National curriculum tests taken in financial year 2018/19 cost around £43m schools minister Nick Gibb has revealed. The cost breakdown is:
KS1 tests: £4,318,861
KS2 tests: £30,240,602
Phonics Screening Check: £681,399
Centralised costs: £7,733,041.
Jeremy Corbyn has said a future Labour government would scrap SATs. This has been welcomed by the NAHT, the ASCL and NEU.
Schools Week said Labour would ‘consult with teachers and parents to develop a more flexible and practical system of assessment that is tailored to individual pupils’.
Schools minister Nick Gibb predictably greeted Labour’s plans with horror. He accused Corbyn of planning to ‘keep parents in the dark’. Gibb seems unaware that schools send regular reports to parents detailing children’s achievement. These do not rely on mandatory national tests but assessment over time.
Gibb said abolishing Sats was a ‘retrograde step’ which would ‘undo decades of improvement in children’s reading and maths.’
‘Under Labour, the government would simply give up on ensuring all our children can read and write by the age of 11,’ he insisted.
A fallacious conclusion, surely? Setting up an assessment system after consulting with teachers and parents isn’t giving up on anything. It’s ensuring assessment is more than taking exams which pander to ministerial prejudices about what Year Six pupils should learn.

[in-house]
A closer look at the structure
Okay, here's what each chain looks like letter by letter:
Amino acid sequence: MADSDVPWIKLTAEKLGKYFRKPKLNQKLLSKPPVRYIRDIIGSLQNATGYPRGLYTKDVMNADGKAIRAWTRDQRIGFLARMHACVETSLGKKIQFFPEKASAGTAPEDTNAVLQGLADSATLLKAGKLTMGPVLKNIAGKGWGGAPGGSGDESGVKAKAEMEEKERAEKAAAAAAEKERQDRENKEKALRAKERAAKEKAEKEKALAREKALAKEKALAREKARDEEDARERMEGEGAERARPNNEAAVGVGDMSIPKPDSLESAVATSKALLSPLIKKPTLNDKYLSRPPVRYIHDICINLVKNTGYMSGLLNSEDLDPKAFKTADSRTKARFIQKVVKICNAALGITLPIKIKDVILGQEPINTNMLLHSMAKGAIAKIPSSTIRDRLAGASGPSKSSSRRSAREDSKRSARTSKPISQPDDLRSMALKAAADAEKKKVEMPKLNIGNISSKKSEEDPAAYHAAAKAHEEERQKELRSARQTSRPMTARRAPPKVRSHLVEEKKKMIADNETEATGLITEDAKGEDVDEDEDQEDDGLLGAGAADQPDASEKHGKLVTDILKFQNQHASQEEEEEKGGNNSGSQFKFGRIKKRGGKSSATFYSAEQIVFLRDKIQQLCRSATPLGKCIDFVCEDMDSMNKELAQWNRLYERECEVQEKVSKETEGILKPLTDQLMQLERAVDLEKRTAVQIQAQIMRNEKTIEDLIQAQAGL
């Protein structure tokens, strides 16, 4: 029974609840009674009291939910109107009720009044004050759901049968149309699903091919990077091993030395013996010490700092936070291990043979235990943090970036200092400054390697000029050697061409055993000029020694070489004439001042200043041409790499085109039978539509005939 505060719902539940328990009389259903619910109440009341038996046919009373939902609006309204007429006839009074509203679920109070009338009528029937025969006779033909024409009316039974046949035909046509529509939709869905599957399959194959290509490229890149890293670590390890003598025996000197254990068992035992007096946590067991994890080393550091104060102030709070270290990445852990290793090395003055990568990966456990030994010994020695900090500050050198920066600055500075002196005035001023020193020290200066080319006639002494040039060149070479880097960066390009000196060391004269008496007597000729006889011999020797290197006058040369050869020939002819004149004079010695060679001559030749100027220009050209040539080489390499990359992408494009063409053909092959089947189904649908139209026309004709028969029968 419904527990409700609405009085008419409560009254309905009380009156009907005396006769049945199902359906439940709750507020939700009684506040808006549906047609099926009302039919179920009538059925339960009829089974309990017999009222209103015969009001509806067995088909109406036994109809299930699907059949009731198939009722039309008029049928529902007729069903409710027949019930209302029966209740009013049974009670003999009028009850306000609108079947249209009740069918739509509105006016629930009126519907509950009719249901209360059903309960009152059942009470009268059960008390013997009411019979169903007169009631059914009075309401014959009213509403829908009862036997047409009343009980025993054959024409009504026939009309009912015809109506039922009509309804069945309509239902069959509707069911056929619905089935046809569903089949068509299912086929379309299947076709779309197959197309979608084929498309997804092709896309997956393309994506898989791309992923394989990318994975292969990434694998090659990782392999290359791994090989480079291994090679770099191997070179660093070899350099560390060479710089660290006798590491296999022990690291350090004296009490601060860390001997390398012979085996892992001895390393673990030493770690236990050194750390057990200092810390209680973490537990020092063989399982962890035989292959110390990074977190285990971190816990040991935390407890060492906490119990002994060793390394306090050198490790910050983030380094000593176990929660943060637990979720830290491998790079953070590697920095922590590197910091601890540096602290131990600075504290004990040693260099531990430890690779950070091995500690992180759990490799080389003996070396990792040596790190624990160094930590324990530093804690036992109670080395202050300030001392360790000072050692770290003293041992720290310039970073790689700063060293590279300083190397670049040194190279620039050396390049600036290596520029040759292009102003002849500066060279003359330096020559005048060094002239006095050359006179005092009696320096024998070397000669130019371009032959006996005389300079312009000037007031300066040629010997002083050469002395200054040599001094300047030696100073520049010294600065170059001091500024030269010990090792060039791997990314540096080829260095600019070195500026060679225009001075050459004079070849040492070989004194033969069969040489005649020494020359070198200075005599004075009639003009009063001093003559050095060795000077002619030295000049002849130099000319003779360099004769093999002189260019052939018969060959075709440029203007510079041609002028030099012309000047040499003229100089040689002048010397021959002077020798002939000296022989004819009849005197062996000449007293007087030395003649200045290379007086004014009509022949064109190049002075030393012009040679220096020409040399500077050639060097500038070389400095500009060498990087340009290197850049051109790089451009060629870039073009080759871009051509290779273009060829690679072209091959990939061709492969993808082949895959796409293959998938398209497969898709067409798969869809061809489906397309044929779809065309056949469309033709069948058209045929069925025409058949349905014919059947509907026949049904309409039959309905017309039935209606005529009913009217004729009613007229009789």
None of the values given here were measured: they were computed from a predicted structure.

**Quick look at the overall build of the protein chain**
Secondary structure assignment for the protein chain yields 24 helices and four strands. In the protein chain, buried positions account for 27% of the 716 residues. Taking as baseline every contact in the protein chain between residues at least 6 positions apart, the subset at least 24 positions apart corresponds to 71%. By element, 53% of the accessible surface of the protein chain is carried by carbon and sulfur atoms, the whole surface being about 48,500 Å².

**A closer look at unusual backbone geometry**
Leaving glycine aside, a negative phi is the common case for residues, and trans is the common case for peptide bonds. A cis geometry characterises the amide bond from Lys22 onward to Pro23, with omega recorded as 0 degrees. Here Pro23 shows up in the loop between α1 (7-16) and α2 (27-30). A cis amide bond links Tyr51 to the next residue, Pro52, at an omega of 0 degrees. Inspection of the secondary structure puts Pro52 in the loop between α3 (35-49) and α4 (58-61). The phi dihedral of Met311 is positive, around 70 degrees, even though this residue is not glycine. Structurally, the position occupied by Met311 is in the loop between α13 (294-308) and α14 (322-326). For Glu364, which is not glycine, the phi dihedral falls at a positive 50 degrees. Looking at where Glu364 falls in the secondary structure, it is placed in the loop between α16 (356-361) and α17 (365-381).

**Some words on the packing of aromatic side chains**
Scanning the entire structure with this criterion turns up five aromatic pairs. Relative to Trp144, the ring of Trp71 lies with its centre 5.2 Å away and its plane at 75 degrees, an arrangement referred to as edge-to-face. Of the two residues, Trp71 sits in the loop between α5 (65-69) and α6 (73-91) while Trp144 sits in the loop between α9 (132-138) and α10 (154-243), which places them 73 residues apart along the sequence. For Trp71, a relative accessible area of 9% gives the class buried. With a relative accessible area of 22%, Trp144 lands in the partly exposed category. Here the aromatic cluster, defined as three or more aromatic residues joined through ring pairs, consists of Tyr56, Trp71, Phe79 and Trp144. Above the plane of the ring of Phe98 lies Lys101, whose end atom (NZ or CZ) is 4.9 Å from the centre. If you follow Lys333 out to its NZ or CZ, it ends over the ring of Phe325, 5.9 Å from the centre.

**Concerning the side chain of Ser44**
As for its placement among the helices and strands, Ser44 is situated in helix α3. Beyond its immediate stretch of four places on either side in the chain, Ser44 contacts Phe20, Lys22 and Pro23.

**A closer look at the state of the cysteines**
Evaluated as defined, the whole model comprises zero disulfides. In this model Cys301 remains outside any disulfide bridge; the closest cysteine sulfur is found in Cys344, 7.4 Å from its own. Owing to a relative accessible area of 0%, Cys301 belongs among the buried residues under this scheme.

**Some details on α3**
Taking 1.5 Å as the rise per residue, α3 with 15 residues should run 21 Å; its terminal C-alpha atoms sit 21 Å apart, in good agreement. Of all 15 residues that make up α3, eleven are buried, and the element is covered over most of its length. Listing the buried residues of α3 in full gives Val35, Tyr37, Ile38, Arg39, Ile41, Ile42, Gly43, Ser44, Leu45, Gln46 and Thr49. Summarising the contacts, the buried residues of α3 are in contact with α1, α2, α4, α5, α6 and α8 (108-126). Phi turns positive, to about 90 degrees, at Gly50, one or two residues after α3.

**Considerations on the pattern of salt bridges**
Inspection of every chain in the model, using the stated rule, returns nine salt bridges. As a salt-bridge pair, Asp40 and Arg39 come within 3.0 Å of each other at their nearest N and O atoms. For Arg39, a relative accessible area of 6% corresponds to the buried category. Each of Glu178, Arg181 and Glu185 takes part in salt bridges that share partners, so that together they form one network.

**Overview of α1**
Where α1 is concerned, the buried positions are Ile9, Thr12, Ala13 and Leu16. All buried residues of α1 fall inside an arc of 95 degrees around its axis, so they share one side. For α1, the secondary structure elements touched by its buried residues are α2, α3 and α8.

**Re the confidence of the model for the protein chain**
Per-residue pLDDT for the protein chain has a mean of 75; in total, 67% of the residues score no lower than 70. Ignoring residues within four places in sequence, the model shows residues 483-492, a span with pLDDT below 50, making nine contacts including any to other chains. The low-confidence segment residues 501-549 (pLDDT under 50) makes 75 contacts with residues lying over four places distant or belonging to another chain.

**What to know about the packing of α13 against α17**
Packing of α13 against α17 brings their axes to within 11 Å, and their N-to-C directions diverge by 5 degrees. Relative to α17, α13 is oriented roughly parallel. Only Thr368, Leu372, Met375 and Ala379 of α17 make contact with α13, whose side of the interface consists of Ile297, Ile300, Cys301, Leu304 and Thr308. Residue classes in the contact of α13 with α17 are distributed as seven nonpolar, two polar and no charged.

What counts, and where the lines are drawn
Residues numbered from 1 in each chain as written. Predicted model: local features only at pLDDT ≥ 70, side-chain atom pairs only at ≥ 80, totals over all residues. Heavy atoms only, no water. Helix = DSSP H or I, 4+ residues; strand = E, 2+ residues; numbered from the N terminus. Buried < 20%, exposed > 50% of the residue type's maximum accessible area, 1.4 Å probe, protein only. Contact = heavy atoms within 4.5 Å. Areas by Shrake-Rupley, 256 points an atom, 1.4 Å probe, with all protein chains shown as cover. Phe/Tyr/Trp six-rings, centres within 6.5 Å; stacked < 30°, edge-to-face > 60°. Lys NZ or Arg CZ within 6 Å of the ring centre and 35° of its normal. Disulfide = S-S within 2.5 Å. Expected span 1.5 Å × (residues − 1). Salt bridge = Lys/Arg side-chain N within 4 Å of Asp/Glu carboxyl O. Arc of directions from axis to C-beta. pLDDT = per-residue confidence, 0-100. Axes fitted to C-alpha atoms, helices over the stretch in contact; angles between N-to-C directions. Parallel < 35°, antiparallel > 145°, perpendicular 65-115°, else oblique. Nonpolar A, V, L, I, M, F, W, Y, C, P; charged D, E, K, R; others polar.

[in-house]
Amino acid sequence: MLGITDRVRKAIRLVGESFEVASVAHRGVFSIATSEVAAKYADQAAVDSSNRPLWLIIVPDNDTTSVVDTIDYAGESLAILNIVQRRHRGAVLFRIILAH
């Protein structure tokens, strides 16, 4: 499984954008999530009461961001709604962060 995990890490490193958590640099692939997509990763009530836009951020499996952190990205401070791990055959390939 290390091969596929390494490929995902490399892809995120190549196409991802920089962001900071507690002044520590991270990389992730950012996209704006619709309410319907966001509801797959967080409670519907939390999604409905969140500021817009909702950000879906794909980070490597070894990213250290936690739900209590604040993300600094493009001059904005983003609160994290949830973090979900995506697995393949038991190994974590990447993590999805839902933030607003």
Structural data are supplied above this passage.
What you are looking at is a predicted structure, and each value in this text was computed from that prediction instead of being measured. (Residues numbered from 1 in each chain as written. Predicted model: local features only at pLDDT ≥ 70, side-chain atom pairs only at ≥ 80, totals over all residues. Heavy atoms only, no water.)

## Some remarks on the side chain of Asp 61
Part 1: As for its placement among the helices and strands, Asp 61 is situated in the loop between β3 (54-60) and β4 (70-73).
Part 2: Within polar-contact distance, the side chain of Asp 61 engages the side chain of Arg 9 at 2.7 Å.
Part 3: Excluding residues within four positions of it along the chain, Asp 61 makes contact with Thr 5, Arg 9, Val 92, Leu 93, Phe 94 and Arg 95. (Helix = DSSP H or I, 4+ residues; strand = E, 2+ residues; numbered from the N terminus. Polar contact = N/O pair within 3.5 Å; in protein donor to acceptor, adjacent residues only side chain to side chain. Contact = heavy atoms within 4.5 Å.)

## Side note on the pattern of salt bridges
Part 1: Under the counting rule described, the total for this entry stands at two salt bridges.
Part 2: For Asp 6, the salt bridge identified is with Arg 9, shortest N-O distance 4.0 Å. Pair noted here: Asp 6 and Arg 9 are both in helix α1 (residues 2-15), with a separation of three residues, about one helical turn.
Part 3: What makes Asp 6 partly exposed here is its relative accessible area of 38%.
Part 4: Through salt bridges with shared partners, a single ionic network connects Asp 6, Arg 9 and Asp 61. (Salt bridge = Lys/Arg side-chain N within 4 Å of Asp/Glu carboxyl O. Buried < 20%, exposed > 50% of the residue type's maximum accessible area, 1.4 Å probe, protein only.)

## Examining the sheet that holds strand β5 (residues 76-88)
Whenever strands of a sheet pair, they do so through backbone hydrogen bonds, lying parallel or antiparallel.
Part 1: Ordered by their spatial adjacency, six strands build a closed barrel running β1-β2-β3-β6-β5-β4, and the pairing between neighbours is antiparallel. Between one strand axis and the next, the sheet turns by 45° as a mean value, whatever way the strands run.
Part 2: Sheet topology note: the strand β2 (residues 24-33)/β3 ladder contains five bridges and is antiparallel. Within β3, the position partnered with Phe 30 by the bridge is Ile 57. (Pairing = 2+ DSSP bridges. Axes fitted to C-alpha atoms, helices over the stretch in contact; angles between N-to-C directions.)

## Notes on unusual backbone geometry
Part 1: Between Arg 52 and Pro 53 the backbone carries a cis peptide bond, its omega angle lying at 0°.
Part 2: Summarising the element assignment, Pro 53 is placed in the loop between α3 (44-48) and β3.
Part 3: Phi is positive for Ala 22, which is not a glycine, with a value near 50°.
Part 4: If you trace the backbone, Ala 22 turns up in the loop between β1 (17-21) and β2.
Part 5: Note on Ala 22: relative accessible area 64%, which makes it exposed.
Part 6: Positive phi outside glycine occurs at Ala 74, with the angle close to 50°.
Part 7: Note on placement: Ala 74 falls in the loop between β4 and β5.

Primary tests have no educational value. They don’t tell teachers anything they don’t already know. They distort the curriculum. They place an excessive emphasis on testing. The government even wants to increase spending on primary tests by introducing baseline assessments.
£43m is a lot of money to waste on unnecessary exams.
UPDATE 14,04, The DfE media bot has hit back with a hallf-hearted defence of Sats. They 'help ensure primary schools are teaching children the fundamentals of reading, writing and maths, and help reassure parents that schools are laying the foundations for their children to succeed at secondary school and beyond.' Nothing from Gibb, just a link to an article written by education secretary Damian Hinds two months ago about how Sats shouldn't be stressful.
CORRECTION 18 April 2019 08.13: Typo corrected